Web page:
Peak Oil - What does it mean?

When global extraction of crude oil reaches maximum levels, it is referred to as Peak Oil. After this Peak rate of production, crude oil production enters a terminal decline. The concept and theory of Peak oil is based on the production levels from individual oil fields and oil wells and combined production levels of related oil fields and wells.

The aggregated production rate over time from an individual oil field generally grows till the rate of crude oil extraction and production peaks and after this peak, production begins to decline - some times rapidly - until the oil field is finally depleted. Peak oil is also confused with the depleting reserves of oil. Peak oil is just the maximum level of crude oil extraction and production, while oil depletion means falling oil reserves and oil supply.

M. King Hubbert was the one who created and used the models behind peak oil in 1956 to accurately predict that United States oil production would peak between 1965 and 1970. His logistic model, now called Hubbert peak theory, and its variants have described with reasonable accuracy the peak and decline of production from oil wells, fields, regions, and countries, and has also proved useful in other limited-resource production-domains.

According to the Hubbert model, the production rate of a limited resource will follow a roughly symmetrical logistic distribution curve (sometimes incorrectly compared to a bell-shaped curve) based on the limits of exploitability and market pressures. Various modified versions of his original logistic model are used, using more complex functions to allow for real world factors. While each version is applied to a specific domain, the central features of the Hubbert curve (that production stops rising and then declines) remain unchanged, albeit with different profiles.

Predictions vary greatly as to what exactly these negative effects would be. If political and economic changes only occur in reaction to high prices and shortages rather than in reaction to the threat of a peak, then the degree of economic damage to crude oil importing countries will largely depend on how rapidly crude oil imports decline post-peak. According to the Export Land Model, crude oil exports drop much more quickly than production drops due to domestic consumption increases in crude oil exporting countries. Supply shortfalls would cause extreme price inflation, unless demand is mitigated with planned conservation measures and use of alternatives.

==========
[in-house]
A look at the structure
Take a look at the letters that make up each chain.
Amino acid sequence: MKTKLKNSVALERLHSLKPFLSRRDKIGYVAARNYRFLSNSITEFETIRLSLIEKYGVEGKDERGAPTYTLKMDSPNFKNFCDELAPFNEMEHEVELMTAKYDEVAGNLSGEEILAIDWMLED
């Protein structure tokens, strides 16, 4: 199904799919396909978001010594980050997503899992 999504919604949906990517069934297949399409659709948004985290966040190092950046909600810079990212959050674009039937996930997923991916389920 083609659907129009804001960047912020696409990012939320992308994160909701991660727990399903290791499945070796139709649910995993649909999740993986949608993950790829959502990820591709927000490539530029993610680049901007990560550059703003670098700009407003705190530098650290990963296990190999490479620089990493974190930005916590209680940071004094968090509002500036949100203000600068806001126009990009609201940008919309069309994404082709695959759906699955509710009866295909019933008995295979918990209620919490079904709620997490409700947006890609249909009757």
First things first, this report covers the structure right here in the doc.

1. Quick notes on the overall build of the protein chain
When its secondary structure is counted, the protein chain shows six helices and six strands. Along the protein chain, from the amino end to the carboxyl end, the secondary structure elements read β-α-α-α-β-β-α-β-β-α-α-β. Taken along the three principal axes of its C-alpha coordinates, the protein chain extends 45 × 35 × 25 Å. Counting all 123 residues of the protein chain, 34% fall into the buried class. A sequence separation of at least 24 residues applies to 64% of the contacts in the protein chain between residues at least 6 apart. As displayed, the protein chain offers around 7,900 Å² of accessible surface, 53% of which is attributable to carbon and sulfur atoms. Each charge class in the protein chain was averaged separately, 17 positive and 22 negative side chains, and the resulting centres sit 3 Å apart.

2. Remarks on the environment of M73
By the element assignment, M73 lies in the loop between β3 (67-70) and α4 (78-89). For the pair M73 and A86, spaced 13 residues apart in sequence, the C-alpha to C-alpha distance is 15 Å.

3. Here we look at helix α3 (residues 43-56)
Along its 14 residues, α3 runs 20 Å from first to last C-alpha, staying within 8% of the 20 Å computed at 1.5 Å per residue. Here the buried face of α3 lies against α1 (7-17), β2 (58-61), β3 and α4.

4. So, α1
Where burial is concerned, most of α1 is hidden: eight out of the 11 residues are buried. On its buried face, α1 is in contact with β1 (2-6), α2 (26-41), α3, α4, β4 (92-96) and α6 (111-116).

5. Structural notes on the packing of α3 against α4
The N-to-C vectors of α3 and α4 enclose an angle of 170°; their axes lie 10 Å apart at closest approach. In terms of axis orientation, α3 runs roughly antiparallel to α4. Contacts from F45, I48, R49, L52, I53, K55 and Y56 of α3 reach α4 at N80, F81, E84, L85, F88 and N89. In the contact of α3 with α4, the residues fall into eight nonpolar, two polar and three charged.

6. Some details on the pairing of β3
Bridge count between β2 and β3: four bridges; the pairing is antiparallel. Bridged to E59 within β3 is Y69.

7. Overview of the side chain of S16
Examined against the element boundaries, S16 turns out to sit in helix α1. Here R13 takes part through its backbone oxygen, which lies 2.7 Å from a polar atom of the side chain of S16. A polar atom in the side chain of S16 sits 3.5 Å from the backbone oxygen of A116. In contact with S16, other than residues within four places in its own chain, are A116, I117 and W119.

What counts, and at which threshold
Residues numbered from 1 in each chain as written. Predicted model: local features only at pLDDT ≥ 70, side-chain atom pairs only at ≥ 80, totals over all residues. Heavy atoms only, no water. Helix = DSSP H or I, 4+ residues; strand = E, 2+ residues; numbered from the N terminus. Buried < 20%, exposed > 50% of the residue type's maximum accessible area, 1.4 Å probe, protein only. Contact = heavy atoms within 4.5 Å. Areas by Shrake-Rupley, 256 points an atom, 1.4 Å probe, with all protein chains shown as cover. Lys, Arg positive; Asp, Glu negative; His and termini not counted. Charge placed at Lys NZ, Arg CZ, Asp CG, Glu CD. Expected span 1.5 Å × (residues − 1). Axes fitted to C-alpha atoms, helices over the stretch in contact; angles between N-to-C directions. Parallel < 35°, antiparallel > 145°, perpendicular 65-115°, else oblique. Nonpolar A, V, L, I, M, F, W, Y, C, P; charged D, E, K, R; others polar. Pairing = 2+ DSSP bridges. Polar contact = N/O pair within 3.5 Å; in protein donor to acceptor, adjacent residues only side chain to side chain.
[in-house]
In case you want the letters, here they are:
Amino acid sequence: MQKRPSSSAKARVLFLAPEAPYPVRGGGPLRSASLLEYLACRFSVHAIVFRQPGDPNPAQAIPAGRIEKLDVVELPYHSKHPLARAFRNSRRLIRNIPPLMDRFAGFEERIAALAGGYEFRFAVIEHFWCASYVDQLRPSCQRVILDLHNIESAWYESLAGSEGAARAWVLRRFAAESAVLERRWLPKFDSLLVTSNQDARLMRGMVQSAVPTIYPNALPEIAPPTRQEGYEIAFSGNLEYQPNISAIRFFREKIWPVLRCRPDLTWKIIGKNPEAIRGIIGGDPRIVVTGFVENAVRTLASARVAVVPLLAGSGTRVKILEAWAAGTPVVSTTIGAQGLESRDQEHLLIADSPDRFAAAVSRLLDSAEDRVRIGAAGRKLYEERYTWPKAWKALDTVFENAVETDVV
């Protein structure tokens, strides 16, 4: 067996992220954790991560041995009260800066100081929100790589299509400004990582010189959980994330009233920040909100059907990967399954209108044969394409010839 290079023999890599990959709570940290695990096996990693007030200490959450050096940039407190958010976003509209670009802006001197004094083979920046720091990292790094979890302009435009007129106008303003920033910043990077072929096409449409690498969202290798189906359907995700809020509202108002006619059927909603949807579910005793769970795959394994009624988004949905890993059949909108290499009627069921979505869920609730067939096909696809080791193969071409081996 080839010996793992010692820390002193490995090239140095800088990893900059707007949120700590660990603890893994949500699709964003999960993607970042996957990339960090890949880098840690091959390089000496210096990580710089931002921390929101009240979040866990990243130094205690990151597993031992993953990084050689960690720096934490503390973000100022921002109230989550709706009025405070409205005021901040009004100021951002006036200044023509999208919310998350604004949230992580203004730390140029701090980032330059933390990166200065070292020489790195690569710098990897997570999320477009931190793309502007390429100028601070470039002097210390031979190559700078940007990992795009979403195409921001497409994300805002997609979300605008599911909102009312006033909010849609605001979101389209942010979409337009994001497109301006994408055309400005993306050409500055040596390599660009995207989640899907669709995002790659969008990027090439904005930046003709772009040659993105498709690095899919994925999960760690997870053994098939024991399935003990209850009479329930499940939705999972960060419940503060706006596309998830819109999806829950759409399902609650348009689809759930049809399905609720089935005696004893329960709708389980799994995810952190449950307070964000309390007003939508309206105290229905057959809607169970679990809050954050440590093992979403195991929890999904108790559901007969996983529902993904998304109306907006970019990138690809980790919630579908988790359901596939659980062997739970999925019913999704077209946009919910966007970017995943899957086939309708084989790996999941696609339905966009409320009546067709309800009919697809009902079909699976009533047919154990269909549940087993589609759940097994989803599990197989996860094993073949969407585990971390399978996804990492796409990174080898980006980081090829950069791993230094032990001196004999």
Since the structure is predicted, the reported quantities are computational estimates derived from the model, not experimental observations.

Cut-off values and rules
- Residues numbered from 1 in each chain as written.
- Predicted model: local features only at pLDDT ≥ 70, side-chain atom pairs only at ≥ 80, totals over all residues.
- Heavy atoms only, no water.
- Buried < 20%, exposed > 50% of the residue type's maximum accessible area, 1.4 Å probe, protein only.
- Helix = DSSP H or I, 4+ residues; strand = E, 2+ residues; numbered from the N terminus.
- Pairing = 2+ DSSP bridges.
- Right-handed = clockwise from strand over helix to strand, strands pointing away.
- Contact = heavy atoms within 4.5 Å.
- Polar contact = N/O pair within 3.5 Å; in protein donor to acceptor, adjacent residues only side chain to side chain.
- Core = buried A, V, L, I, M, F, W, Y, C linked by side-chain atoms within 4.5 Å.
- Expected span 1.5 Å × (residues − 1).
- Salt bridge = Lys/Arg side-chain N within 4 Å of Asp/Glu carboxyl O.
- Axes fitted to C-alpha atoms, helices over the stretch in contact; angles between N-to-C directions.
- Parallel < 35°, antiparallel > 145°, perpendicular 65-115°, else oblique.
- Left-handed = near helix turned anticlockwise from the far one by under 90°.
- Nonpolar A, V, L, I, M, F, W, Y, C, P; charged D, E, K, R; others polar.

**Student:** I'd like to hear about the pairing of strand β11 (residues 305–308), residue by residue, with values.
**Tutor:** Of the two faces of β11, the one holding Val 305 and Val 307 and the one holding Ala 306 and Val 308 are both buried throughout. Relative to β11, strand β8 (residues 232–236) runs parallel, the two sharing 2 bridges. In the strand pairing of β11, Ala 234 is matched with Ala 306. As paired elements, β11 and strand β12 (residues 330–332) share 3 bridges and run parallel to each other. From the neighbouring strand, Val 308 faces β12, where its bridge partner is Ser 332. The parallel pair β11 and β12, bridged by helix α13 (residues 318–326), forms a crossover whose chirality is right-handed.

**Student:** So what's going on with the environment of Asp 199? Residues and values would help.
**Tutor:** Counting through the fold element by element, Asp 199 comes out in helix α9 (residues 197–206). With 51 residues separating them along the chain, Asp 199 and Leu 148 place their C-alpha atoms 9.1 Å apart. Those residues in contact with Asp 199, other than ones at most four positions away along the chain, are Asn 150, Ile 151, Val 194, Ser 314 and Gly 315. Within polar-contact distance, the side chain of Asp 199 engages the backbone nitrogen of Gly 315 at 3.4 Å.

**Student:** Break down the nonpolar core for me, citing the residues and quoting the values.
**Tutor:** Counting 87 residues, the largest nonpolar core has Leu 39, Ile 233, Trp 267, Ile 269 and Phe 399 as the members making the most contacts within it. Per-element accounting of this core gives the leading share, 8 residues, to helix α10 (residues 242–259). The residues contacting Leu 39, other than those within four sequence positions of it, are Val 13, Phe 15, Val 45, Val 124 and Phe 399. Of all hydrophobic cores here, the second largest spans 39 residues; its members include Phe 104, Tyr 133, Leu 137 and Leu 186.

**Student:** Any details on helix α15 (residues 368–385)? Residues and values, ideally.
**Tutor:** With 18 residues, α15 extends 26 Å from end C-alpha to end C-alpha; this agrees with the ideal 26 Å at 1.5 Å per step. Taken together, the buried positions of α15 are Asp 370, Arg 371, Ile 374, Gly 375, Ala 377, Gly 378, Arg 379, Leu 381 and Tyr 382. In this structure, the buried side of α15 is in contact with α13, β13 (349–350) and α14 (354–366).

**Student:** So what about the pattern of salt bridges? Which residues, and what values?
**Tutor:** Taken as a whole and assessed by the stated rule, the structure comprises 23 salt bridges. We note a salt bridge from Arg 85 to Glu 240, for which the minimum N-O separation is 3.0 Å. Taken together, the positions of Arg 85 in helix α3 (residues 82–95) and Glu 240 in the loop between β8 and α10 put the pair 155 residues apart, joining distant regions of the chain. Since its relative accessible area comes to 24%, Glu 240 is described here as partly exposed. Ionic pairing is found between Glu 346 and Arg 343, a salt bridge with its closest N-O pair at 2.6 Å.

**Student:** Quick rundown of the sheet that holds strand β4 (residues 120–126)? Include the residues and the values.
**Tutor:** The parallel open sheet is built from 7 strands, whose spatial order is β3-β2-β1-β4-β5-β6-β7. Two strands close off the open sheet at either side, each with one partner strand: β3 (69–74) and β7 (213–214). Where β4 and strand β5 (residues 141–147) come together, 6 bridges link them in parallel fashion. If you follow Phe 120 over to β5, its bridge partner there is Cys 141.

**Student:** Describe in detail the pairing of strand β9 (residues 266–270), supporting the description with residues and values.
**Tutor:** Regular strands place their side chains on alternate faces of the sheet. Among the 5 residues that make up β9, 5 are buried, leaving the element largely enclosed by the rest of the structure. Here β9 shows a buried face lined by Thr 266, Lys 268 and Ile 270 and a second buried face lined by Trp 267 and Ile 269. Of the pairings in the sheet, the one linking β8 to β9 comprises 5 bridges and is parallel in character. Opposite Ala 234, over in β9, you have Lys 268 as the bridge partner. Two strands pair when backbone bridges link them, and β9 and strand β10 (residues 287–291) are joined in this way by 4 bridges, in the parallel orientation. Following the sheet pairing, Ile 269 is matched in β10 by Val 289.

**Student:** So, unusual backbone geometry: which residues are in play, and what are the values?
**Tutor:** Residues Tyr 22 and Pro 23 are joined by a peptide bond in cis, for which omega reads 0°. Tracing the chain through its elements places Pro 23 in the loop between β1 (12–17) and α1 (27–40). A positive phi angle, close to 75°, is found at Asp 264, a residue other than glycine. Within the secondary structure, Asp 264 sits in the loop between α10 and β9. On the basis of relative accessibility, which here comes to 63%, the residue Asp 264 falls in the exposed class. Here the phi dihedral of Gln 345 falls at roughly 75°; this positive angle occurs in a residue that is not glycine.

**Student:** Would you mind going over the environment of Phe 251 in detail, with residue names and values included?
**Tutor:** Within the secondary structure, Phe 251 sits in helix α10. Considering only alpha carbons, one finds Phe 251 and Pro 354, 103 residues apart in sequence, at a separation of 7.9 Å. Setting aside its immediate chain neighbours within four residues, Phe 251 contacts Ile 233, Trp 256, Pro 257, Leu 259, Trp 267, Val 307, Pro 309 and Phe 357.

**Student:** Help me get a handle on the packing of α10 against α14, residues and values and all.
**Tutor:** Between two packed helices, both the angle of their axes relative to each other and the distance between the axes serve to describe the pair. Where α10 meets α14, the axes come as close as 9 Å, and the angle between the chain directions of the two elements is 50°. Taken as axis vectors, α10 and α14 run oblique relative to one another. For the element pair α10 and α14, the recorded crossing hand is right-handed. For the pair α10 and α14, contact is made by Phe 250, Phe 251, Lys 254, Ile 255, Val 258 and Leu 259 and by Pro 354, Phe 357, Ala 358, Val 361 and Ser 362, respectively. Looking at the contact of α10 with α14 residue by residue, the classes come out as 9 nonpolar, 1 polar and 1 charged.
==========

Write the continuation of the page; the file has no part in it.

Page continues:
Optimistic estimations of peak production forecast the global decline will begin by 2020 or later, and assume major investments in alternatives will occur before a crisis, without requiring major changes in the lifestyle of heavily oil-consuming nations. These models show the price of oil at first escalating and then retreating as other types of fuel and energy sources are used. Pessimistic predictions of future crude oil production operate on the thesis that either the peak has already occurred, oil production is on the cusp of the peak, or that it will occur shortly.

As proactive mitigation may no longer be an option, a global depression is predicted, perhaps even initiating a chain reaction of the various feedback mechanisms in the global market that might stimulate a collapse of global industrial civilization, potentially leading to large population declines within a short period. Throughout the first two quarters of 2008, there were signs that a global recession was being made worse by a series of record oil prices.